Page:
I loved every moment dancing with Anita: the grass beneath our bare feet, the buzz of bees in the fragrant rose bowers, the freedom of moving out doors in loose silken tunics, the commands of the music and the repetition, never boring to me, as we learn what we are trying to do. And, then Anita is so beautiful: raven haired, graceful in flowing pastel gowns. I don’t have fantasies of being a princess. I know a real one.
Between dances we do summersaults, handstands, and cartwheels. I practice handstands at home. I am giddy with throwing my legs farther and father up until one time I can hold it a few seconds. Annie, a skinny girl, pretty, with short hair, unlike most of us, was the best. I watched her do handstands over and over eager to copy her rhythm. One day a cry went up from the crowd around her. Her wrist had broken and she went off in a car. I don’t stop practicing, but watch my arm wondering if it will collapse.
Our diligent dance efforts culminate in an end of summer recital that people sit in chairs and pay to attend. My family doesn’t go to church or temple so seeing so many grown-ups in flowery dresses, shoes and stockings all clapping in admiration is memorable.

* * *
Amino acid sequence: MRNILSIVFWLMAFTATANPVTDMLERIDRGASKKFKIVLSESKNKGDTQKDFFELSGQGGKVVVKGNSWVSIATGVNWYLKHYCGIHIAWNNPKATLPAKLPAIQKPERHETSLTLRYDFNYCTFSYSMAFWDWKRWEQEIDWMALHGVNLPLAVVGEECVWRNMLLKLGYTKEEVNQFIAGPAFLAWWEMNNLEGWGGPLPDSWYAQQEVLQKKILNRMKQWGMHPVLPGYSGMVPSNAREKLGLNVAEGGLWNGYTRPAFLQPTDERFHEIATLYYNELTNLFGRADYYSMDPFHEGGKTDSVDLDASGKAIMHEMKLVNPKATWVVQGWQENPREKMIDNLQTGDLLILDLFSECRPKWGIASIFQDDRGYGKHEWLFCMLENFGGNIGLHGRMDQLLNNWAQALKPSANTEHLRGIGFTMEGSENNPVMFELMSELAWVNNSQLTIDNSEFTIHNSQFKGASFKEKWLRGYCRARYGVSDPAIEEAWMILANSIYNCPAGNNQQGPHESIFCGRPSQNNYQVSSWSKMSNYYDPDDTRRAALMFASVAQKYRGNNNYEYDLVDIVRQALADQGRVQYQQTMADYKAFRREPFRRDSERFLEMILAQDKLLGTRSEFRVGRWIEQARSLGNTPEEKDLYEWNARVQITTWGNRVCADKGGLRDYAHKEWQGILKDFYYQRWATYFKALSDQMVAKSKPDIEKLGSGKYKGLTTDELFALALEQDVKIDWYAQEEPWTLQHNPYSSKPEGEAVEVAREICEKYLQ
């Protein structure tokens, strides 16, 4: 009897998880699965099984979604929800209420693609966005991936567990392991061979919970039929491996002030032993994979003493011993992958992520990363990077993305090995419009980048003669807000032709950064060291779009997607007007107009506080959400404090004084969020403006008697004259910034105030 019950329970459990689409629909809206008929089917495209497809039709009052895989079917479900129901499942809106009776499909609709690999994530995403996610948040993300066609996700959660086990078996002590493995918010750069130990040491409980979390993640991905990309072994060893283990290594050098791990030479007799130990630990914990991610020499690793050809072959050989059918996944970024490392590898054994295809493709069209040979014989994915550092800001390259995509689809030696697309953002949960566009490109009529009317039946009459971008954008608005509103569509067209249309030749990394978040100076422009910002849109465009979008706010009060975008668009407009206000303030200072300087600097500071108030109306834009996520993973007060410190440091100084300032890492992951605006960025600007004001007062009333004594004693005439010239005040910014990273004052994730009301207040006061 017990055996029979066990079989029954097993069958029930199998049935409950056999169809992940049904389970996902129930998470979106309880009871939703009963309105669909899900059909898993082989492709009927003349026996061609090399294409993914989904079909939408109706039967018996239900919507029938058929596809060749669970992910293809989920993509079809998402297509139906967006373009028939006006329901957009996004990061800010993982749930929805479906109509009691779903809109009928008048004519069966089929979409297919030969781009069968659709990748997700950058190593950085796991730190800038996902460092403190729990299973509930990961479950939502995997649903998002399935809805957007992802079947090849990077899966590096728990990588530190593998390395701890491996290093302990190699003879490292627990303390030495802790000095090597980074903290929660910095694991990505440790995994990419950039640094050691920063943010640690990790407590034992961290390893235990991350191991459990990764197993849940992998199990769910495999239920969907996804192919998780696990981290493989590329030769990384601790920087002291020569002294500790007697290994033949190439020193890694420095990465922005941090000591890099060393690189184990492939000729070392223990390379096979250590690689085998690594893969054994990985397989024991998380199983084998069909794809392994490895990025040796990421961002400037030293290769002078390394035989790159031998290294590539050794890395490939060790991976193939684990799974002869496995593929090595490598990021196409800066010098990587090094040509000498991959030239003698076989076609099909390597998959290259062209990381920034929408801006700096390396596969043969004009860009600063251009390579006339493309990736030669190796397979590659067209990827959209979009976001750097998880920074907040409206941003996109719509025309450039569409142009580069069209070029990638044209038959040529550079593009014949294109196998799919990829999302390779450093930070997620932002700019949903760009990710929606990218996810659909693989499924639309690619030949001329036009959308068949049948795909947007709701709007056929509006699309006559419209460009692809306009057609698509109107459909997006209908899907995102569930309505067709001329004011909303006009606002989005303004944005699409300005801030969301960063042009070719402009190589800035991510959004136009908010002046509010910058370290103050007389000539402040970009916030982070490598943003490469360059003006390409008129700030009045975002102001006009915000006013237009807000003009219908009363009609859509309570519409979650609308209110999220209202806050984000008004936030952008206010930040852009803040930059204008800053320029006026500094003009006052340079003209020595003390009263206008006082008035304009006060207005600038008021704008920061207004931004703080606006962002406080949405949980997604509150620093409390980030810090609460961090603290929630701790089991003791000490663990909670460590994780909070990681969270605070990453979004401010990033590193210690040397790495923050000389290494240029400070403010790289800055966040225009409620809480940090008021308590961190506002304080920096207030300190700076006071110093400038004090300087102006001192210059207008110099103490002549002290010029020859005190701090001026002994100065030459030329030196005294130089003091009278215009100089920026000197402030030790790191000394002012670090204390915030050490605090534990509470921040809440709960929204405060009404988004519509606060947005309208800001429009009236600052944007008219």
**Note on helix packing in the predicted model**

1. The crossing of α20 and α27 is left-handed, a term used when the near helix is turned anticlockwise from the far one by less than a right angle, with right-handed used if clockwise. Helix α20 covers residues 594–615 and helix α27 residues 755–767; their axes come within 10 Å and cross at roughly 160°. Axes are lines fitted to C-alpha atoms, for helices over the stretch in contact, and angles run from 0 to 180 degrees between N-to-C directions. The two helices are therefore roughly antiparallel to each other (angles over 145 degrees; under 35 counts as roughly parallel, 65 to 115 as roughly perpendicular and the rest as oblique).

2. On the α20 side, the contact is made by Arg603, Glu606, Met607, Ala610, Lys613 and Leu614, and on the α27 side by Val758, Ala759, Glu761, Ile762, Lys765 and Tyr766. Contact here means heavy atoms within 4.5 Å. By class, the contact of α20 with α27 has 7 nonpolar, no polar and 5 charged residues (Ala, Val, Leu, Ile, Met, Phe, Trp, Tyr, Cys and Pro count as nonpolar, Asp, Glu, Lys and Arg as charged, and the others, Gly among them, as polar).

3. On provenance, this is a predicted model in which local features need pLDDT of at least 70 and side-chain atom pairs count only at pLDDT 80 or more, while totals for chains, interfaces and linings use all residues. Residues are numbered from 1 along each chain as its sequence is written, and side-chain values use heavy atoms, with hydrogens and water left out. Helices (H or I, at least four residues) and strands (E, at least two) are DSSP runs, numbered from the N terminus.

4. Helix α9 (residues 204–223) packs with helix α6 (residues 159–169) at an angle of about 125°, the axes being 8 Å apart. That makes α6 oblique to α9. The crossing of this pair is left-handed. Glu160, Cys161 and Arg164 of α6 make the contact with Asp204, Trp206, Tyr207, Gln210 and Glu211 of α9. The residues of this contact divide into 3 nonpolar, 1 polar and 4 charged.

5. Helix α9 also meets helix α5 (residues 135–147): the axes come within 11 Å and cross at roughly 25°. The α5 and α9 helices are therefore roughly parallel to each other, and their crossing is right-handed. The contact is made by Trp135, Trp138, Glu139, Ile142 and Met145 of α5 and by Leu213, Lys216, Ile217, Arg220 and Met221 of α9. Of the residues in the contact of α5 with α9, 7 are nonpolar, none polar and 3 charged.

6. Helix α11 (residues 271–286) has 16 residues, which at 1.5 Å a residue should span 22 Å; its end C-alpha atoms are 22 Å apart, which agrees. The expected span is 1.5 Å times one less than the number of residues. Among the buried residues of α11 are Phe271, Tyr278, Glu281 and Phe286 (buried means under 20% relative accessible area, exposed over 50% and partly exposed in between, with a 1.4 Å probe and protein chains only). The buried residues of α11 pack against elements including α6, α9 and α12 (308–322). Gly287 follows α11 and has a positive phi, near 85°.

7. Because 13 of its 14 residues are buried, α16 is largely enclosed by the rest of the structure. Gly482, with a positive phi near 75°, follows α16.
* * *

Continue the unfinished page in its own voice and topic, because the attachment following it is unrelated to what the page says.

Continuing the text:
The heat of August brings other events that make that summer indelible. We get sick, first, my brother and I, then my mom. Eventually my brother and I recover. My mother is still sick. Aunt Nat tells me that I will stay at Anita’s for the last two weeks of her summer program. I know my cousin is there, Nada, with her long brown hair in braids like mine, but I am far younger than any of the other girls. I don’t stay in the dorm with the rest. I sleep nearby in a room by myself. I mind less when Anita herself, candle in hand, comes to wish me goodnight.
“I am right next door, Beth,” she says.
The plain grey and white of the room with my cot under the eaves, an open window and the vision of Anita in my doorway are comfort enough.
In the city we go to Mt. Sinai Hospital where my mother is in a bed. My father is there too. Bright lights make the white sheet covers look immense. We all fit on the bed, my baby sister, my brother and me. My brother is happily unraveling a surprise ball. This is a colorful crepe paper wrapped ball filled with trinkets to be found as the ball unspools. I am disdainful feeling far too grown up to find that amusing. I don’t know when, or how we learn that the Polio my brother, mother and I contracted left my mother unable to walk. I am so grateful when our Nanny takes us to the Rose Garden across from the hospital.
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